Stool guaiac test

Alternative names 
Guaiac smear test; Fecal occult blood test - guaiac smear; Stool occult blood test - guaiac smear


The stool guiac test is a test that detects the presence of hidden (occult) blood in the stool (bowel movement). The stool guaiac is the most common form of fecal occult blood test (FOBT) in use today.

Brand names include Hemoccult, Hemoccult SENSA, ColoScreen, ColoScreen-ES, Seracult, and Seracult Plusreg;.

How the test is performed
A stool sample from three consecutive bowel movements is collected, smeared on a card, and mailed to a laboratory for processing. In order to ensure the accuracy of the guaiac test, it is important to follow, whenever available, the manufacturer’s instruction on how to collect the stool.

Adults and children:
There are many ways to collect the samples. You can catch the stool on plastic wrap that is loosely placed over the toilet bowl and held in place by the toilet seat. Then put the sample in a clean container. One test kit supplies a special toilet tissue that you use to collect the sample, then put the sample in a clean container. Do not sample stool specimen from within the toilet bowl water, as this can cause measurement errors.

Infants and young children:
For children wearing diapers, you can line the diaper with plastic wrap. If the plastic wrap is positioned so that it isolates the stool from any urine output, mixing of urine and stool can be prevented for a better sample.

Laboratory procedures may vary. In one type of test, a small sample of stool is placed on a paper card. A drop or two of testing solution is applied to the opposite side of the card. A color change indicates the presence of blood in the stool.

How to prepare for the test

Do not consume red meat, any blood-containing food, cantaloupe, uncooked broccoli, turnip, radish, or horseradish for 3 days prior to the test.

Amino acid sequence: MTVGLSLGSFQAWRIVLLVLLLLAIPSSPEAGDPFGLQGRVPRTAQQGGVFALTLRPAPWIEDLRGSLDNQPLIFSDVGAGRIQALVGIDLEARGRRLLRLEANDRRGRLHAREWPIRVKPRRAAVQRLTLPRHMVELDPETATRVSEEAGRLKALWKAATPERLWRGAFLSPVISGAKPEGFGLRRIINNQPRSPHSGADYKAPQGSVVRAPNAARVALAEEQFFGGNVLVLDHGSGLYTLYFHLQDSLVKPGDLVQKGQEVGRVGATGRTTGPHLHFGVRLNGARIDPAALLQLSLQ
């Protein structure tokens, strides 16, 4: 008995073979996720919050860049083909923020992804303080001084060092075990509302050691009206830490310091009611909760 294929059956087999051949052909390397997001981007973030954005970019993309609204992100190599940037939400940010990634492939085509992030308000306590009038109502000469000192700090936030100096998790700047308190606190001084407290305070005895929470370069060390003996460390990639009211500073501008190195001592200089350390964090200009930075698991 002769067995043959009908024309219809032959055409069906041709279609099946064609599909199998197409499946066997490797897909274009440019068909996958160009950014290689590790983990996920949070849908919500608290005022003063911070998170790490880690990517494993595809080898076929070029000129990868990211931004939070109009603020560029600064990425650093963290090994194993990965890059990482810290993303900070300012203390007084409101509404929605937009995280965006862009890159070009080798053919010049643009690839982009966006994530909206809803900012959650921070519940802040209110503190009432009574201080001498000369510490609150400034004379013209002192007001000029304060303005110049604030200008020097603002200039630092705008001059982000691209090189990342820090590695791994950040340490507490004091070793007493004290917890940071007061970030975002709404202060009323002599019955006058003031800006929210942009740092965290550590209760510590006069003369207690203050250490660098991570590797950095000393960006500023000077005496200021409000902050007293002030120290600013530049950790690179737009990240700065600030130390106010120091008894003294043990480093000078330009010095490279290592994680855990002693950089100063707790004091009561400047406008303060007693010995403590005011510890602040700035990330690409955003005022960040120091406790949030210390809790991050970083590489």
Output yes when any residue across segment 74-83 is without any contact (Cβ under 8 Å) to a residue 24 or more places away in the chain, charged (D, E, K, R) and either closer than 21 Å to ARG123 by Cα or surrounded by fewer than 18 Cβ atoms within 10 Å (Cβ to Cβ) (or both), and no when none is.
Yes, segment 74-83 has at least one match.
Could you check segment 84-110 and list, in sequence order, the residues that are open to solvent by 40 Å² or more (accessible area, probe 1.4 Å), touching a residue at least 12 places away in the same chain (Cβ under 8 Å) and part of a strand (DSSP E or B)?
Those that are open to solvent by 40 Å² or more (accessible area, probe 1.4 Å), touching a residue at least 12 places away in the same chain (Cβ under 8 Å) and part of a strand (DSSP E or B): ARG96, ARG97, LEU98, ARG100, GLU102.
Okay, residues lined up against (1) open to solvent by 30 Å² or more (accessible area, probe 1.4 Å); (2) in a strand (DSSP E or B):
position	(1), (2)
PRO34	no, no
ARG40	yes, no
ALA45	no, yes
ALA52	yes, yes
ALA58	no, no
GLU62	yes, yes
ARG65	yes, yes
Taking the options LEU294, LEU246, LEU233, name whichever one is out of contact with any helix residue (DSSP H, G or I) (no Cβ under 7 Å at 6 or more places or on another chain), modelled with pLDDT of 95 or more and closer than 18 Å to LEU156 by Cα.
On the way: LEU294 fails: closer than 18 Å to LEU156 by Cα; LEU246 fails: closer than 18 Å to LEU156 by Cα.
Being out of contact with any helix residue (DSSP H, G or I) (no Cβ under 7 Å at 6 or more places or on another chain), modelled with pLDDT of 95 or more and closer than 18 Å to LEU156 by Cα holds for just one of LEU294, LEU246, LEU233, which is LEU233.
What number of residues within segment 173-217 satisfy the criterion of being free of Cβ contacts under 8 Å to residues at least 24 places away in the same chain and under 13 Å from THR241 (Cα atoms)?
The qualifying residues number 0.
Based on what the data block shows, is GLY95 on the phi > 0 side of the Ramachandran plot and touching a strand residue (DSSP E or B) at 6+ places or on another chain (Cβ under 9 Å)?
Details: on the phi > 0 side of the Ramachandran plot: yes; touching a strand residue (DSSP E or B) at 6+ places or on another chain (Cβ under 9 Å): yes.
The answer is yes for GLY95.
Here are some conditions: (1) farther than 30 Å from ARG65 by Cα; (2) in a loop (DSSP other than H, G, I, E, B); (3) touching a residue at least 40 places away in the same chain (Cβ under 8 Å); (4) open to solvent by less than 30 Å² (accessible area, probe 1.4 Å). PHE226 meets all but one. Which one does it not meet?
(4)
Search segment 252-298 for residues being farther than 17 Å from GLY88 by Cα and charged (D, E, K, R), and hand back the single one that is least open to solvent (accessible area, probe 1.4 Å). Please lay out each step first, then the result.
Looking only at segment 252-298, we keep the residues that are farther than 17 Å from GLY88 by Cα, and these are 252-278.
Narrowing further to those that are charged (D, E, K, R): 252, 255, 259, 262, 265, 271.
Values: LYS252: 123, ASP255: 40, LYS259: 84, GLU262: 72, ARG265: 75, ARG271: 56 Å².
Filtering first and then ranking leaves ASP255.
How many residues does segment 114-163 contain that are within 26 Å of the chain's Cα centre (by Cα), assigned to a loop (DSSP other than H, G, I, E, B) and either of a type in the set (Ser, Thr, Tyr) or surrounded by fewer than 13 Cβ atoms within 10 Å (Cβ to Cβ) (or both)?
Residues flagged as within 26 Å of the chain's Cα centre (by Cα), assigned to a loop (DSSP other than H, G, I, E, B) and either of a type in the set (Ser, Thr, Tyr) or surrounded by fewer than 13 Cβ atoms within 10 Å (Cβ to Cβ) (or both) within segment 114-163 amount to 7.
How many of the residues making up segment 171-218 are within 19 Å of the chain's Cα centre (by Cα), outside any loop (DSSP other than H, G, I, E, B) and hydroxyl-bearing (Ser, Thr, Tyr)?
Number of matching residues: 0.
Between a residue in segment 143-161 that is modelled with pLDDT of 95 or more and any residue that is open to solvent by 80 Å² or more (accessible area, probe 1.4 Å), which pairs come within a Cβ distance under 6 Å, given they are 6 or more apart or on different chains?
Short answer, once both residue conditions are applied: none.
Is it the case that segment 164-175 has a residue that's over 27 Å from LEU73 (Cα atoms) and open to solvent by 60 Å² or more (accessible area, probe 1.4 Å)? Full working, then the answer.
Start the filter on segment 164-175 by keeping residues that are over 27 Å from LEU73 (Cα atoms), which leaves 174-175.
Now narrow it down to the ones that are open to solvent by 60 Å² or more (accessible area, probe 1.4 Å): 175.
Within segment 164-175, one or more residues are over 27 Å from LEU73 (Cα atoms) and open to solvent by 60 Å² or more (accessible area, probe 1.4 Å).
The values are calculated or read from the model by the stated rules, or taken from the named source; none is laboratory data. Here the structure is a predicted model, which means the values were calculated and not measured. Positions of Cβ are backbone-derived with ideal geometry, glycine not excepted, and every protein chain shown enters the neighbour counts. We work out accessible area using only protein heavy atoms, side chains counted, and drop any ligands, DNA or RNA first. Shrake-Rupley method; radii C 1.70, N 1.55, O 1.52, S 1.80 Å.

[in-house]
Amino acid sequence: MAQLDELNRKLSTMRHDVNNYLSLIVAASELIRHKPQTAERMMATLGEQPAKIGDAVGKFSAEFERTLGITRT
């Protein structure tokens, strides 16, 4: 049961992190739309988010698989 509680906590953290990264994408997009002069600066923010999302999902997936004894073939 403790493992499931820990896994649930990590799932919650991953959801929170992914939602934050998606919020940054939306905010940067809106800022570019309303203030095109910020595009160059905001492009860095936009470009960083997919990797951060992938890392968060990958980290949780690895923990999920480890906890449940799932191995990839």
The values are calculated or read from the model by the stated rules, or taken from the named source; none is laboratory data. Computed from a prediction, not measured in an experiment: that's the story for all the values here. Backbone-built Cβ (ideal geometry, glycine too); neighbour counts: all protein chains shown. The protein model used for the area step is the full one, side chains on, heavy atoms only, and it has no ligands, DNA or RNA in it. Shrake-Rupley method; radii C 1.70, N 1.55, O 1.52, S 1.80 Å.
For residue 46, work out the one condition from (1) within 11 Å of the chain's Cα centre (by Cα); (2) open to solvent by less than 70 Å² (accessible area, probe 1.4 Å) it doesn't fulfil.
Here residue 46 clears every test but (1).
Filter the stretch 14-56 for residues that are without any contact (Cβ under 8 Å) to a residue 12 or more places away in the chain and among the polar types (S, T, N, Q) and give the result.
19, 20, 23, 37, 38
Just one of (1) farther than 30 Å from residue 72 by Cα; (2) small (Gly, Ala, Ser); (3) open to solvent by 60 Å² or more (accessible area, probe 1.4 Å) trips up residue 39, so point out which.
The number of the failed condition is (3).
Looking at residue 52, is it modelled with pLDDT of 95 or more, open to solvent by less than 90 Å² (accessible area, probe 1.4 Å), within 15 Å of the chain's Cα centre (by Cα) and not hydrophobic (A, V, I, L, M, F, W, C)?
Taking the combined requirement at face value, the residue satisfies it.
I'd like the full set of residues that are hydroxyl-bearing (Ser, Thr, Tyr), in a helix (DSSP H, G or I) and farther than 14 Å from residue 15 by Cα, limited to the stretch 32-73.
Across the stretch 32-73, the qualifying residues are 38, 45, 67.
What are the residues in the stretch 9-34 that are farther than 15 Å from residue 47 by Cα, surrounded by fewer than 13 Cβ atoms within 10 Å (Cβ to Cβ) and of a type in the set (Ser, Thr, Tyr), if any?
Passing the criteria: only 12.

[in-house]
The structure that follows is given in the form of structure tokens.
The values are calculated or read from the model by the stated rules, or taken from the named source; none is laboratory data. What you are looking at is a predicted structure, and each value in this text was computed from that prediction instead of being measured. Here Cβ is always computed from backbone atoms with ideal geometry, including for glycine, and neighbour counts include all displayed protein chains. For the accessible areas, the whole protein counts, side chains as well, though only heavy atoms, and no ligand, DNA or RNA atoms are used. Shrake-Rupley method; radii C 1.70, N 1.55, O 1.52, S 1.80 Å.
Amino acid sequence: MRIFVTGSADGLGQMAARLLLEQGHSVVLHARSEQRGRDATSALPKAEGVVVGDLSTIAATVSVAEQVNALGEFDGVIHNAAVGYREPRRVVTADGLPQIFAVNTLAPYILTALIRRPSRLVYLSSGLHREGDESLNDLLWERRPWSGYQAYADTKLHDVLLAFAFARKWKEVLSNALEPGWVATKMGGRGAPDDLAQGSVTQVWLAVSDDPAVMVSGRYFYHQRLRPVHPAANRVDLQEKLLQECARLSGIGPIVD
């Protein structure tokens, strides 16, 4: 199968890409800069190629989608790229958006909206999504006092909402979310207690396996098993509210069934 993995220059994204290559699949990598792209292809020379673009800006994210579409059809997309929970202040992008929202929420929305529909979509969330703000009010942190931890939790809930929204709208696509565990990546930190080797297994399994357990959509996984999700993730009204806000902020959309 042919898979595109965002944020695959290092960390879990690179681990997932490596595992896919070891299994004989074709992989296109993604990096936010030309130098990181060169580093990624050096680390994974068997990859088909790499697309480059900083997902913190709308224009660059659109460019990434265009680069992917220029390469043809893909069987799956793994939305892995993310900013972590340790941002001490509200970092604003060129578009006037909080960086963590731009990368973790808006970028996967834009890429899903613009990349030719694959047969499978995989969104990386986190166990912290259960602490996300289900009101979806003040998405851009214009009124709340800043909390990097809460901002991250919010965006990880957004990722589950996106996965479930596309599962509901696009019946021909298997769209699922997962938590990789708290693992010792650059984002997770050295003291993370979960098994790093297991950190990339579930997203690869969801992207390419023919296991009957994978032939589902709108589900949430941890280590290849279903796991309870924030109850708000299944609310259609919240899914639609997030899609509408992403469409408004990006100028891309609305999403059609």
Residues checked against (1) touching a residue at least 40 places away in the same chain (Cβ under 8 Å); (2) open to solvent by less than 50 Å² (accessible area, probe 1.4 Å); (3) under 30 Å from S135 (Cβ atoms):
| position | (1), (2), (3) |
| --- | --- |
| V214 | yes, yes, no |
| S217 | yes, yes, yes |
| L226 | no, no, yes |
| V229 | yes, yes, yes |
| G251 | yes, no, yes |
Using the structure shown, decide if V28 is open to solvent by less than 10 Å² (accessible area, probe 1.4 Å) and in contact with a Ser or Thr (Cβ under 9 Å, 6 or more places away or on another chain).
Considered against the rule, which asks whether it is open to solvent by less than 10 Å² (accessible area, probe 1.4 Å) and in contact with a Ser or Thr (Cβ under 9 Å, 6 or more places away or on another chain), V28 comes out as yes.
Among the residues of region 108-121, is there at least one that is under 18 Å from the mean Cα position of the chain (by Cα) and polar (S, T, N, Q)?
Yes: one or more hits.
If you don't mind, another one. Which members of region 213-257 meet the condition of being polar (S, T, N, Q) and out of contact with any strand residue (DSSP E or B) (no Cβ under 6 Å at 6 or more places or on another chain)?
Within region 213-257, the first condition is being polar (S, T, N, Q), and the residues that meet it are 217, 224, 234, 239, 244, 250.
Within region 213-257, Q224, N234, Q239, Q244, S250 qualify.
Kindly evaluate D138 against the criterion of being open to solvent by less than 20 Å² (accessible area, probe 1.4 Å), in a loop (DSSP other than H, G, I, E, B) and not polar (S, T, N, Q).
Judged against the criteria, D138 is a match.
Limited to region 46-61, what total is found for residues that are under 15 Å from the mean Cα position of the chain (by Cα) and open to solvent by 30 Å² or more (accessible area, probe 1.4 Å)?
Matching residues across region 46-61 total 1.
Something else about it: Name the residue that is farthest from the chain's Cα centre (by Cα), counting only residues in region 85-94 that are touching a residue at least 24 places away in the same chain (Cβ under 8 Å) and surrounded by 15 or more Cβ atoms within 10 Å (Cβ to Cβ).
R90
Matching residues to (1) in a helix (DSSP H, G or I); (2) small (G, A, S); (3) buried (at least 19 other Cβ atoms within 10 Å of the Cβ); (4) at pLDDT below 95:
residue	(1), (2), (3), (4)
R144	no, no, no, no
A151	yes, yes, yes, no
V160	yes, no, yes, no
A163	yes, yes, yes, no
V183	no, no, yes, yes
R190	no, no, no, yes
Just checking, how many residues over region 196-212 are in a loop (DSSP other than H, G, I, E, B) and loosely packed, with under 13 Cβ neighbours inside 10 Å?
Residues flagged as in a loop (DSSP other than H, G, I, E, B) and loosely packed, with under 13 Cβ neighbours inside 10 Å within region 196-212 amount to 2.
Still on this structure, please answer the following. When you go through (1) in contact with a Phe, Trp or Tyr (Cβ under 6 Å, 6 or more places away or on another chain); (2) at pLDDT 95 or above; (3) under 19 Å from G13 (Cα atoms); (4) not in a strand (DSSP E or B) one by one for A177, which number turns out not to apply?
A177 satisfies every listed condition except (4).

You may need to discontinue drugs that can interfere with the test such as vitamin C and aspirin if possible. Check with your health care provider regarding medication changes that may be necessary. Never discontinue or decrease any medication without consulting your health care provider.

How the test will feel
Because this test involves normal bowel functions, there is no discomfort.

Why the test is performed
This test is a screening test to detect blood in the gastrointestinal tract.

Normal Values
A negative test result is normal.

What abnormal results mean
Abnormal results may indicate:

  • Colon polyps  
  • Colon cancer or other gastrointestinal (GI) tumors  
  • Esophagitis  
  • Gastritis  
  • GI trauma or bleeding from recent GI surgery  
  • Hemorrhoids  
  • Inflammatory bowel disease  
  • Peptic ulcer  
  • Angiodysplasia of the GI tract  
  • GI infections  
  • Esophageal varices and portal hypertensive gastropathy

Additional non-GI related causes of positive guaiac test may include:

  • Nose bleed  
  • Coughing up blood

Abnormal tests require follow-up with your physician.

What the risks are
There can be false-positive and false-negative results. Using proper stool collection technique, avoiding certain drugs, and observing dietary restrictions can minimize these measurement errors.

Johns Hopkins patient information

Last revised: December 3, 2012
by Levon Ter-Markosyan, D.M.D.

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